Note: The use of social media to manipulate public perception has reportedly influenced recent elections in Latin America, the UK, and the US. For more along these lines, see concise summaries of deeply revealing corporate corruption news articles from reliable major media sources.
The New York attorney general, Eric T. Schneiderman, on Saturday opened an investigation into a company that sold millions of fake followers on social media platforms, some of them copying real users’ personal information. The company, Devumi, and its sale of automated followers to a swath of celebrities, sports stars, journalists and politicians, was detailed in a New York Times article published earlier on Saturday. At least 55,000 of its “bot” accounts used names, pictures, hometowns and other details taken from people on Twitter. The real users hailed from every U.S. state, including New York, and dozens of countries. “Impersonation and deception are illegal under New York law,” Mr. Schneiderman wrote. “We’re opening an investigation into Devumi and its apparent sale of bots using stolen identities.” Tens of millions of fake accounts have been deployed to defraud businesses, influence political debates online and attract customers. Social media companies, including Twitter and Facebook, have drawn intense scrutiny for not taking greater steps to weed them out. Mr. Schneiderman ... has brought a series of cases focused on the emerging world of online fraud, impersonation and abuse. In December, he began an investigation into how the Federal Communications Commission was flooded with millions of fake comments on a proposal to scrap so-called net neutrality rules. Many of the comments used names and addresses borrowed from real people, almost always without their knowledge.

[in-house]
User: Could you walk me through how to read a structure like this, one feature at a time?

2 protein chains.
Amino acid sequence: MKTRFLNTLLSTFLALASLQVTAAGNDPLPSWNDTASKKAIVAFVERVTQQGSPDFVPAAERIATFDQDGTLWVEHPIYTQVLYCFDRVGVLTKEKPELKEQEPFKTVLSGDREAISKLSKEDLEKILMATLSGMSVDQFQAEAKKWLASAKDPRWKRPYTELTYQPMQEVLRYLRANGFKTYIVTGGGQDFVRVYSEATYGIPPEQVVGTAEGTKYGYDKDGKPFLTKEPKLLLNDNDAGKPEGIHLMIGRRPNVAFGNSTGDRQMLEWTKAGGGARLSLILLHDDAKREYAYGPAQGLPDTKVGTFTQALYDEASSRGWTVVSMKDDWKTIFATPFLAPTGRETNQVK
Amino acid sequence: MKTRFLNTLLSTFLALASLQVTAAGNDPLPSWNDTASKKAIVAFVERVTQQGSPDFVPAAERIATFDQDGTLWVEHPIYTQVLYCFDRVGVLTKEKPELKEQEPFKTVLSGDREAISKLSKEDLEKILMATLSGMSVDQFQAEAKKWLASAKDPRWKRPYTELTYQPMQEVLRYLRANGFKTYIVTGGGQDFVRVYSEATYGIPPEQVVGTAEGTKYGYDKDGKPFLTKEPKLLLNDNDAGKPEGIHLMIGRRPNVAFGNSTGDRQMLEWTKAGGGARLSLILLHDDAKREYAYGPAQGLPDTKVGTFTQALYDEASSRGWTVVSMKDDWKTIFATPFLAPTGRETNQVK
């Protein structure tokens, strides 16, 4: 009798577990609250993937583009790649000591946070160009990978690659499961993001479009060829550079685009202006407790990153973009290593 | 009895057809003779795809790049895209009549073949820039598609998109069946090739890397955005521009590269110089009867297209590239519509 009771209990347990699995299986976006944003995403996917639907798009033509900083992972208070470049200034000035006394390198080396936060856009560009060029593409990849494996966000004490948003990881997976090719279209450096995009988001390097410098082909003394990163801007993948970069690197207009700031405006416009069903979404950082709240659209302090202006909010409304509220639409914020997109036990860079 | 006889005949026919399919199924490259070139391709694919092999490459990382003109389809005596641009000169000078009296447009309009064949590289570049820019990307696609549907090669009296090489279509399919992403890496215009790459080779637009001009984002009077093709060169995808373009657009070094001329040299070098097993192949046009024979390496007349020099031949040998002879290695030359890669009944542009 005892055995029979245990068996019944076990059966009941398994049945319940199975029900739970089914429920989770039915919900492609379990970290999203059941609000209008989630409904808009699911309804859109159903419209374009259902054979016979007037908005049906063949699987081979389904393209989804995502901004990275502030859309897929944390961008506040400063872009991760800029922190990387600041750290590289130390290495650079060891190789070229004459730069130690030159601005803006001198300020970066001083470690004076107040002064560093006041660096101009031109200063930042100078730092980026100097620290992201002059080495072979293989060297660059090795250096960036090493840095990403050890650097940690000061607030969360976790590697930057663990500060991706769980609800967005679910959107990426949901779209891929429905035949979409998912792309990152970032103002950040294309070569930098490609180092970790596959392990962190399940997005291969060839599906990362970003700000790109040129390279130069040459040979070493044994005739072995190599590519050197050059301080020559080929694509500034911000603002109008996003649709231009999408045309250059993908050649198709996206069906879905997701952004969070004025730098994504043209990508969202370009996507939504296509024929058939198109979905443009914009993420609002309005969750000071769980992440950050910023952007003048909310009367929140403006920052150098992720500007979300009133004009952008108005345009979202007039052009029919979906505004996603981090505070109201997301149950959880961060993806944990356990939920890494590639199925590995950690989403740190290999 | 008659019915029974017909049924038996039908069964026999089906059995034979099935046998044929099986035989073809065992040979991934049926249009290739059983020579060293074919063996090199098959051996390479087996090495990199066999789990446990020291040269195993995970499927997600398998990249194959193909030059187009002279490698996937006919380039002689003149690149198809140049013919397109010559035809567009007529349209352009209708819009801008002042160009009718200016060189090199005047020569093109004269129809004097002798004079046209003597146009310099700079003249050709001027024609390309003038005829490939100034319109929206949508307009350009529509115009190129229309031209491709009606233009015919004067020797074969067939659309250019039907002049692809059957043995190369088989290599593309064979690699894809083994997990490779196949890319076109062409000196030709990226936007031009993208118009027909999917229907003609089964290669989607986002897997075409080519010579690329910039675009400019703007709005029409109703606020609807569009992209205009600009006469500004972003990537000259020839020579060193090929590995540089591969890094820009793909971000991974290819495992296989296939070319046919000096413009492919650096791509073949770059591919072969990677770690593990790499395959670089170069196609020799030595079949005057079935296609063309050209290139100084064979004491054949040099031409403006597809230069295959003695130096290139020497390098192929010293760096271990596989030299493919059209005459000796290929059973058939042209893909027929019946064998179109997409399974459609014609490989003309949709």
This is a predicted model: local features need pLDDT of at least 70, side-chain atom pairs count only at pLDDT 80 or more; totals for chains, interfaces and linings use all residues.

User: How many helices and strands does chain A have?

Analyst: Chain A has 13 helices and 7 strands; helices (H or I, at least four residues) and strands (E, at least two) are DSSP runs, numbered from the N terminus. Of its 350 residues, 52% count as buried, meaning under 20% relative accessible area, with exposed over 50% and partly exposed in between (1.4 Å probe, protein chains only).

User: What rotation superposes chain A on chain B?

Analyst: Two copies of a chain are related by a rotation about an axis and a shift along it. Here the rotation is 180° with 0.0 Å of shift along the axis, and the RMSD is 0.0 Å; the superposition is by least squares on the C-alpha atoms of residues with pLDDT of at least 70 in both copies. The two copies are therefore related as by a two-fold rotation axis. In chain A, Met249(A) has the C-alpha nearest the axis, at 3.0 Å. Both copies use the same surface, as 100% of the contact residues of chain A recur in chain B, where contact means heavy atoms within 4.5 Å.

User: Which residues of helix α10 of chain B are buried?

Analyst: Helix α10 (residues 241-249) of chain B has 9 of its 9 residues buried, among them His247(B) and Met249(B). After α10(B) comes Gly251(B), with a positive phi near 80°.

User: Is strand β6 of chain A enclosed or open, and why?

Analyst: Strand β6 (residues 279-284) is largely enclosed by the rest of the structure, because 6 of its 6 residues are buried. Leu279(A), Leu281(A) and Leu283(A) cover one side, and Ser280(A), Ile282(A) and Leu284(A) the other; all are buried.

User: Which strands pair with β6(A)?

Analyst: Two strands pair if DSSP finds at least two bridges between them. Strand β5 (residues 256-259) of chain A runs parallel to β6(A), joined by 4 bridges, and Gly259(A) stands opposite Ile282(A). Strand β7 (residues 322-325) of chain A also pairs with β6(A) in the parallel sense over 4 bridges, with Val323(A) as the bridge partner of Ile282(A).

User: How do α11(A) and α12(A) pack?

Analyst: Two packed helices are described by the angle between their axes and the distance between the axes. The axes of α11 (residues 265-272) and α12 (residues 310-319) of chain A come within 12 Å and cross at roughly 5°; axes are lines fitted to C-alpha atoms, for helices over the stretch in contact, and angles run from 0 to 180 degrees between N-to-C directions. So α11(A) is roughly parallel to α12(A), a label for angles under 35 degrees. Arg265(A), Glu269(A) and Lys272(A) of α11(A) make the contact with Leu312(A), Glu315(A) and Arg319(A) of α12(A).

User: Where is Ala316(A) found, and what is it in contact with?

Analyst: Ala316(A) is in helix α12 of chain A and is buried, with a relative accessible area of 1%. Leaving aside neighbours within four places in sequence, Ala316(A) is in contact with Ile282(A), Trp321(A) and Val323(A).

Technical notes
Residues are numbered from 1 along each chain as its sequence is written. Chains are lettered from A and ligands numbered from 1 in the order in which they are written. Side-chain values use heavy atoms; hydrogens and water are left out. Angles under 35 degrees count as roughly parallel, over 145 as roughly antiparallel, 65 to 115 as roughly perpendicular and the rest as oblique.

Note: The use of social media to manipulate public perception has reportedly influenced recent elections in Latin America, the UK, and the US. For more along these lines, see concise summaries of deeply revealing corporate corruption news articles from reliable major media sources.
The Trump administration has waived part of the punishment for five megabanks whose affiliates were convicted and fined for manipulating global interest rates. One of the Trump administration waivers was granted to Deutsche Bank - which is owed at least $130 million by President Donald Trump ... and has also been fined for its role in a Russian money laundering scheme. The waivers were issued in a little-noticed announcement published in the Federal Register. Under laws designed to protect retirement savings, financial firms whose affiliates have been convicted of violating securities statutes are effectively barred from ... managing those savings. However, that punishment can be avoided if the firms manage to secure a special exemption from the U.S. Department of Labor. In late 2016, the Obama administration extended ... one-year waivers to five banks - Citigroup, JPMorgan, Barclays, UBS and Deutsche Bank. Late last month, the Trump administration issued new, longer waivers for those same banks. Leading up to the new waiver for Deustche Bank, Trump’s financial relationship with the firm has prompted allegations of a conflict of interest. In 2016, the Wall Street Journal reported Trump and his companies have received at least $2.5 billion in loans from Deutsche Bank and co-lenders. In 2015, Deutsche Bank pled guilty in the U.S. to wire fraud for its role in the [LIBOR] scandal. Less than two years later ... Deutsche Bank agreed to a $7.2 billion settlement with the Justice Department for misleading investors.